But this is not going to be pleasant smell wise. Sweat is building up. I am sorry for the stink in advance, SunFloJo. Two people in a one-person tent makes me nervous only to be trumped by the thought of anticipating the fear we may experience when it becomes completely dark among the trees. 

Deep breath. We can do this.

Sunshine says, “I feel like I could carry on farther than I ever thought I could if the trail was like this all the time.”

We agree wholeheartedly, “Right?!”.

A gentle drizzle of rain reaches our arms. The forest protects us from getting more wet for a while.

When the drizzle increases, we each pull out our rain gear. 

I wear my plastic hood on my head and then spread the rest of the jacket over my backpack. This is a perfect set up for light rain. The rest of the Steam Team dresses similarly. We journey on looking like floating jackets and ponchos.

We pass a guy who is headed quickly in the opposite direction. He pauses to tell us that he is supposed to catch up with other AT hikers who are having burgers tonight. He left one friend behind who is having foot problems. She will catch up with him and their friends soon. I can tell the idea of having burgers is a big deal to him. He does not want to miss it. I picture the group of young, attractive, dirt covered hikers including unshaven guys like him meeting up later to chow on meat with whatever condiments happen to be around and loving every moment.

The rain continues.

Then we see increased light because we arrive at a road. It is Skyline Drive. Huh. We are going to cross a perfectly good road that leads to civilization in order to continue our trail on the other side. Sigh. 

So far, we are the good kind of tired. The gentle rain feels like a friend you have not gotten to spend this much time with in a while.

The road is on an incline. We turn to look both ways before crossing. When we see a beautiful person coming down the hill, we pause.

She is tan, wears navy athletic shorts, has two dark hair braids and may be limping. There is something striking about her olive skin and deep brown hair.

“Hi,” she says.

“What is your trail name?” SunFloJo asks.

She winces, “Sacagawea.”

“My foot is killing me,” Sacagawea says. “We’ve been walking since March. In the last town back, I had it checked out. I have a hairline fracture.”

“Oh!” The Steam Team all chime in making the connection to the last guy we passed.

Walking since March rattles around in my brain.

SunFloJo continues, “We passed a guy headed that way.” She points behind us. “He said you all are meeting someone for burgers tonight.”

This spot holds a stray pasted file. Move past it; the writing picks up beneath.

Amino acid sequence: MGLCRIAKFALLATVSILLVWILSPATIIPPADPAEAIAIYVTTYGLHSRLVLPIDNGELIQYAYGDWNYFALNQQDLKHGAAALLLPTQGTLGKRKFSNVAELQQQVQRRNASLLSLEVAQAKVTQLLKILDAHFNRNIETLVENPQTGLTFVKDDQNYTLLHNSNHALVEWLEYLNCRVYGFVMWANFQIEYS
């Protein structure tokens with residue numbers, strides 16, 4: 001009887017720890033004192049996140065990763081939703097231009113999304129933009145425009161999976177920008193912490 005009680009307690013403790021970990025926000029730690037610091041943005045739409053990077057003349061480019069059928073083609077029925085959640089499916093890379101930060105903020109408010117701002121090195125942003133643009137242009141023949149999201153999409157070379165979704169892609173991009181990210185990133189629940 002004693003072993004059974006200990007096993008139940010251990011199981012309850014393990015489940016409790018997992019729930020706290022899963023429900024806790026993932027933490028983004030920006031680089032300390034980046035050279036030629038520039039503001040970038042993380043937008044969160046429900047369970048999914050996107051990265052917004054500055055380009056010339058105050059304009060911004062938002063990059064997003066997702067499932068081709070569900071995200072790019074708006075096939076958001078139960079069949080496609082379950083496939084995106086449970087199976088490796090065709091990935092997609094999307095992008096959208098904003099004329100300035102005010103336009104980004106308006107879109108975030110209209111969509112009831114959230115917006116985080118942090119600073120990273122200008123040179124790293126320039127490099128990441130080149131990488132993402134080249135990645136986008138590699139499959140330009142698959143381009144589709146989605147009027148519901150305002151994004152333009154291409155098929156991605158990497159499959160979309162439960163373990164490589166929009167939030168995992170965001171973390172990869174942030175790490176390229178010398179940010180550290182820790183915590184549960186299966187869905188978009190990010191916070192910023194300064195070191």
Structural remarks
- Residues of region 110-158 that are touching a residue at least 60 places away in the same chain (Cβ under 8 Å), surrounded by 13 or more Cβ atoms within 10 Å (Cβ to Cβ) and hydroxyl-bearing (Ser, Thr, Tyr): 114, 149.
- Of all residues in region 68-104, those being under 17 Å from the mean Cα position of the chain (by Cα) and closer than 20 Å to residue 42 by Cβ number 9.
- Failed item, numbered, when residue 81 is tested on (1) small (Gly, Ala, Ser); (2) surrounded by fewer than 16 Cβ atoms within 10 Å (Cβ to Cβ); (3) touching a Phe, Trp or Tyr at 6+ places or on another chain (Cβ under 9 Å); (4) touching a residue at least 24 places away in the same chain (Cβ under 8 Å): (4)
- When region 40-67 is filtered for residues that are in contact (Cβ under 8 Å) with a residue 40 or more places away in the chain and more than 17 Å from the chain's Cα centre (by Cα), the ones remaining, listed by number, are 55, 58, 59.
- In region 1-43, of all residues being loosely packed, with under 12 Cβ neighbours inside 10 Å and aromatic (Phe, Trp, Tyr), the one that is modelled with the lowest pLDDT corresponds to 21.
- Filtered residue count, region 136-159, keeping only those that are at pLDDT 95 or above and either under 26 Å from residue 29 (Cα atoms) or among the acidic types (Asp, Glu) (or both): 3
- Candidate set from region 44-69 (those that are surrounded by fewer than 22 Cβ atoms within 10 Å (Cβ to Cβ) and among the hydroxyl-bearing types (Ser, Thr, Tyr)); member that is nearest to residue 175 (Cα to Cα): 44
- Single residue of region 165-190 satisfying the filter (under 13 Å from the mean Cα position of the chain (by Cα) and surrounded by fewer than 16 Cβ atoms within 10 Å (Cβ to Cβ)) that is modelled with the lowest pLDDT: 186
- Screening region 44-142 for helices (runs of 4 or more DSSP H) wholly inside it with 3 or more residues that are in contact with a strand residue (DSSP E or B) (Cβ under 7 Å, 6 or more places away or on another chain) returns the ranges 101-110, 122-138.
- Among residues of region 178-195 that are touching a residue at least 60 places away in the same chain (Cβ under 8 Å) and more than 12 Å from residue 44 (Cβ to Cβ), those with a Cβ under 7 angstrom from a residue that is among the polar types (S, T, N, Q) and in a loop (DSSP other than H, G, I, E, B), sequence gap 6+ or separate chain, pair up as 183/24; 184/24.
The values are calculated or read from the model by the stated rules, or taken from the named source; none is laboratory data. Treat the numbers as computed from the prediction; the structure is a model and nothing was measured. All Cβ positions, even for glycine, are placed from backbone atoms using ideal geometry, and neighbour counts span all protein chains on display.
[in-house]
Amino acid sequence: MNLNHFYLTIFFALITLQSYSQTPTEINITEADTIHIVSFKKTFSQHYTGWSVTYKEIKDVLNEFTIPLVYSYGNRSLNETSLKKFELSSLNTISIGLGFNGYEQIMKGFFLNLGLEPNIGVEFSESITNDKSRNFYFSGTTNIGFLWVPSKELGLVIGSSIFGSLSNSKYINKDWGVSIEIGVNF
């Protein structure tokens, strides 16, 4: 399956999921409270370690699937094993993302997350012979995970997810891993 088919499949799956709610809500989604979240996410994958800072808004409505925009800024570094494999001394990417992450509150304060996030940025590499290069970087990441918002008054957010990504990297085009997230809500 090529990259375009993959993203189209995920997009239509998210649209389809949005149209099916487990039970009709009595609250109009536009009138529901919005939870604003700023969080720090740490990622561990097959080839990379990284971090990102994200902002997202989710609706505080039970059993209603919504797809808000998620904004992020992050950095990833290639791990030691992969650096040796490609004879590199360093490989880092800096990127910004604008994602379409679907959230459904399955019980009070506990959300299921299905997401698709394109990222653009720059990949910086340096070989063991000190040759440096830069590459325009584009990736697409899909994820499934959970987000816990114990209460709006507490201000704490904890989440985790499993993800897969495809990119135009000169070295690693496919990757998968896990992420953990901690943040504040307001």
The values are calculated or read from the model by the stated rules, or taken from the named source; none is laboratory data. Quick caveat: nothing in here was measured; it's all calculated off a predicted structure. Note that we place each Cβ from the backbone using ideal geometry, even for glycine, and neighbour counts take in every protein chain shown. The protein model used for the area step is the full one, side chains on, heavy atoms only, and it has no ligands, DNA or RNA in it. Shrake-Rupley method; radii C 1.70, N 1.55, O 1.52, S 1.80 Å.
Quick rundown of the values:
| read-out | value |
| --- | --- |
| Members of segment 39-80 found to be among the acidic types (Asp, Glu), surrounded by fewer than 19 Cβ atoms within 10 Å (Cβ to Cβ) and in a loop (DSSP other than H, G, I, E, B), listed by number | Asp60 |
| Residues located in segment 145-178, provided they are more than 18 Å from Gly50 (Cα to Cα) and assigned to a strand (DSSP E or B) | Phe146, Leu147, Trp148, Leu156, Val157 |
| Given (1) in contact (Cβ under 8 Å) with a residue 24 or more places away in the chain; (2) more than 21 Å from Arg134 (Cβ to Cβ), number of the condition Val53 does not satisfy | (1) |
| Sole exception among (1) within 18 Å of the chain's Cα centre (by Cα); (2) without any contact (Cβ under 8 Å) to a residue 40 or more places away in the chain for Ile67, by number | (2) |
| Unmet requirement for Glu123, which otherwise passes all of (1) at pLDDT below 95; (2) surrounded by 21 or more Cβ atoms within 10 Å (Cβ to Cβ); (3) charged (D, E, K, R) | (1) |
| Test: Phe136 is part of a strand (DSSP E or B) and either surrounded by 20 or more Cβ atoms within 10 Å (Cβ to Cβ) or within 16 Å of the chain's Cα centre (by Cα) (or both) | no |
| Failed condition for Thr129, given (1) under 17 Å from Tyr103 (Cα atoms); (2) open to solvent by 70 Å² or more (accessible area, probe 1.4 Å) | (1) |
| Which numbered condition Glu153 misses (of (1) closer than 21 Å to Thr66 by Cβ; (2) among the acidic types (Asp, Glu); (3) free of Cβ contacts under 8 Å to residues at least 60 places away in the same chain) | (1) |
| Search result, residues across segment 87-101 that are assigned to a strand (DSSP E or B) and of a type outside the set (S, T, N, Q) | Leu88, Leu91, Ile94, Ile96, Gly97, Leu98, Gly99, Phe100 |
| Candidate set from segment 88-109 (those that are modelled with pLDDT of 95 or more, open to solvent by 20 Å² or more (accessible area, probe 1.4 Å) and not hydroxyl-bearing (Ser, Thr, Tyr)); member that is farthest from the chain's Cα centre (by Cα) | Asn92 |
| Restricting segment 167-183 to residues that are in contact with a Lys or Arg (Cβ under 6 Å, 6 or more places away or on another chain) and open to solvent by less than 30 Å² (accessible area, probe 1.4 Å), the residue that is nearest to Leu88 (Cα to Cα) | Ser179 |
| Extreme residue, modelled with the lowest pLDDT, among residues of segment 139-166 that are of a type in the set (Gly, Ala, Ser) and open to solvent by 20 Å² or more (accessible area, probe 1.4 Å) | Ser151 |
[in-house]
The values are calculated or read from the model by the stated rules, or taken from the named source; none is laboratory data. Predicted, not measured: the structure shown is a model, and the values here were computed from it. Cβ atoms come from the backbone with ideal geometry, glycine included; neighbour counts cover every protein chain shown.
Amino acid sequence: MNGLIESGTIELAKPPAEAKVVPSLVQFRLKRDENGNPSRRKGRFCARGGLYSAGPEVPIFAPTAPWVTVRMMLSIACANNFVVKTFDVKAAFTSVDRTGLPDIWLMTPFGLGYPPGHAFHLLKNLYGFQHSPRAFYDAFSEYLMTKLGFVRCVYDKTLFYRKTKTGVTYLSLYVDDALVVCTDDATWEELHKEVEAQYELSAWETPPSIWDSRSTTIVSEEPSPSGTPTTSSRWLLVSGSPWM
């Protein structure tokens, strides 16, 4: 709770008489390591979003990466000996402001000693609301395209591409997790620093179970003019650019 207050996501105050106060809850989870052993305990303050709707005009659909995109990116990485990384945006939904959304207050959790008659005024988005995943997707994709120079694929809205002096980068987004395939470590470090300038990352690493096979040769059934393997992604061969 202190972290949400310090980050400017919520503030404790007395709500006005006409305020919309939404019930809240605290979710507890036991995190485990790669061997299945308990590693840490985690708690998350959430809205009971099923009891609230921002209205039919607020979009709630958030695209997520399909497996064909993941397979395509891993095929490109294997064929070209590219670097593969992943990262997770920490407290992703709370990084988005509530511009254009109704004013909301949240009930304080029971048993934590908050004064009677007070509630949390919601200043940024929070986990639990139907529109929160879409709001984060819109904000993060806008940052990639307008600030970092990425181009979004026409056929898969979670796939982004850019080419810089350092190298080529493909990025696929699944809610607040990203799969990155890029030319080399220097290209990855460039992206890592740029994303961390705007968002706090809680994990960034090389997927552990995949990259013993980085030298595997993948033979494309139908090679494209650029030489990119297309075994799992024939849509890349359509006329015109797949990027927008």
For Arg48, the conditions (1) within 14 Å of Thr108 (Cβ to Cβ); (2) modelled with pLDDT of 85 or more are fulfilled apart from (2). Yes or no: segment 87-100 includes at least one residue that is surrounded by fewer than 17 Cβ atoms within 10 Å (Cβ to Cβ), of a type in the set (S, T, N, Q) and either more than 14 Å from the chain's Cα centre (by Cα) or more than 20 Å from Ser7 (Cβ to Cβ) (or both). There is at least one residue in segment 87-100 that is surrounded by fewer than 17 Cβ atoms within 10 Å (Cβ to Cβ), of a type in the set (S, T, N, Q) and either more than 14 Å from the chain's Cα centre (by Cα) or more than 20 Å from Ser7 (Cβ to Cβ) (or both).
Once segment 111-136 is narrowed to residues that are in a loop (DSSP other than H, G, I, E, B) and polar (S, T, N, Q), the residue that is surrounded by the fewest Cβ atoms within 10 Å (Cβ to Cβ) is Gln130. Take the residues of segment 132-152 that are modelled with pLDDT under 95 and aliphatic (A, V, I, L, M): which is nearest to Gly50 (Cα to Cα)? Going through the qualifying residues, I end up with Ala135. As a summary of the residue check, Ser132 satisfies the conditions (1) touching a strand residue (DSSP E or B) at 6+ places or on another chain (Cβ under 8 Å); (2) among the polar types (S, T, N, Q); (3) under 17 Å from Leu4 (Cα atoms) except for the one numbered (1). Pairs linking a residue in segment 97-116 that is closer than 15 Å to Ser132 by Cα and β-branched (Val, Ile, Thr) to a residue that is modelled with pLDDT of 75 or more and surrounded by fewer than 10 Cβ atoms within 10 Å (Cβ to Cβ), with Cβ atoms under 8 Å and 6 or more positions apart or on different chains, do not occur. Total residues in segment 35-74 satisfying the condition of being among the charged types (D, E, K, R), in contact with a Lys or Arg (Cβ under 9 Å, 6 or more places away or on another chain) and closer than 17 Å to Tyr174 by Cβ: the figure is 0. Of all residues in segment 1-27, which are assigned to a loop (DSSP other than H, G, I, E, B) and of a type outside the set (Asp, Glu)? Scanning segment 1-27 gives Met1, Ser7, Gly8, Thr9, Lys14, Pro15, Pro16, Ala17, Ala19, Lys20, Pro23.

“Yes!” She lights up.

We say farewell. Sacagawea heads into our beloved canopy trail. I say a prayer for her foot.

The Steam Team crosses the road and enters the next forest. Soon we see a trail marker post. 

We depart the AT and head left down the mountain via Mill Prong Trail.

The rain is steady. I am excited because based on my memory of the map, Mill Prong is not a far stretch down to Rapidan. 

I declare in my mind that Stalker C will get through this night. No bears or reptiles will get us. She is tense. I want to tell her not to worry, but I don’t think that will help. 

I am so glad I decided to continue today. 

I carry my water bottle and drink as we descend. I have had no urge to urinate today which by now is not a good thing. I am probably somewhat dehydrated.

As if a different picture clicks in our Viewmaster, this part of the trail is beautiful in new ways. We descend over and around mossy green rocks. There are gradual twists and turns leading into a valley of bright greens and browns.

Down, down, down.

I am not going to think about how my feet hurt from the number of hours we have been walking. Cannot be too much further.

Down, down, down. We cross over streams of water. 

Hearing the rain and watching a rushing stream of water is almost too much joy for my Aquarius born soul. The sounds combine to create a forest symphony.

Almost out of drinking water, we pause to purify and refill water bottles from a creek. 

Oh, this is the real thing now. We are roughing it! We will get water from the land–a gift from the earth. 

Hmmm…should I trust SunFloJo’s aqua straw to purify my water or should I have her purify AND then add a purification tab that I have in my pack?

I think it over as she attaches my water bottle neck to her purifying straw.  For a moment I consider how awful it would be to have diarrhea out here tonight if something fails with the purification process. Um…Exhale. Dismiss that thought.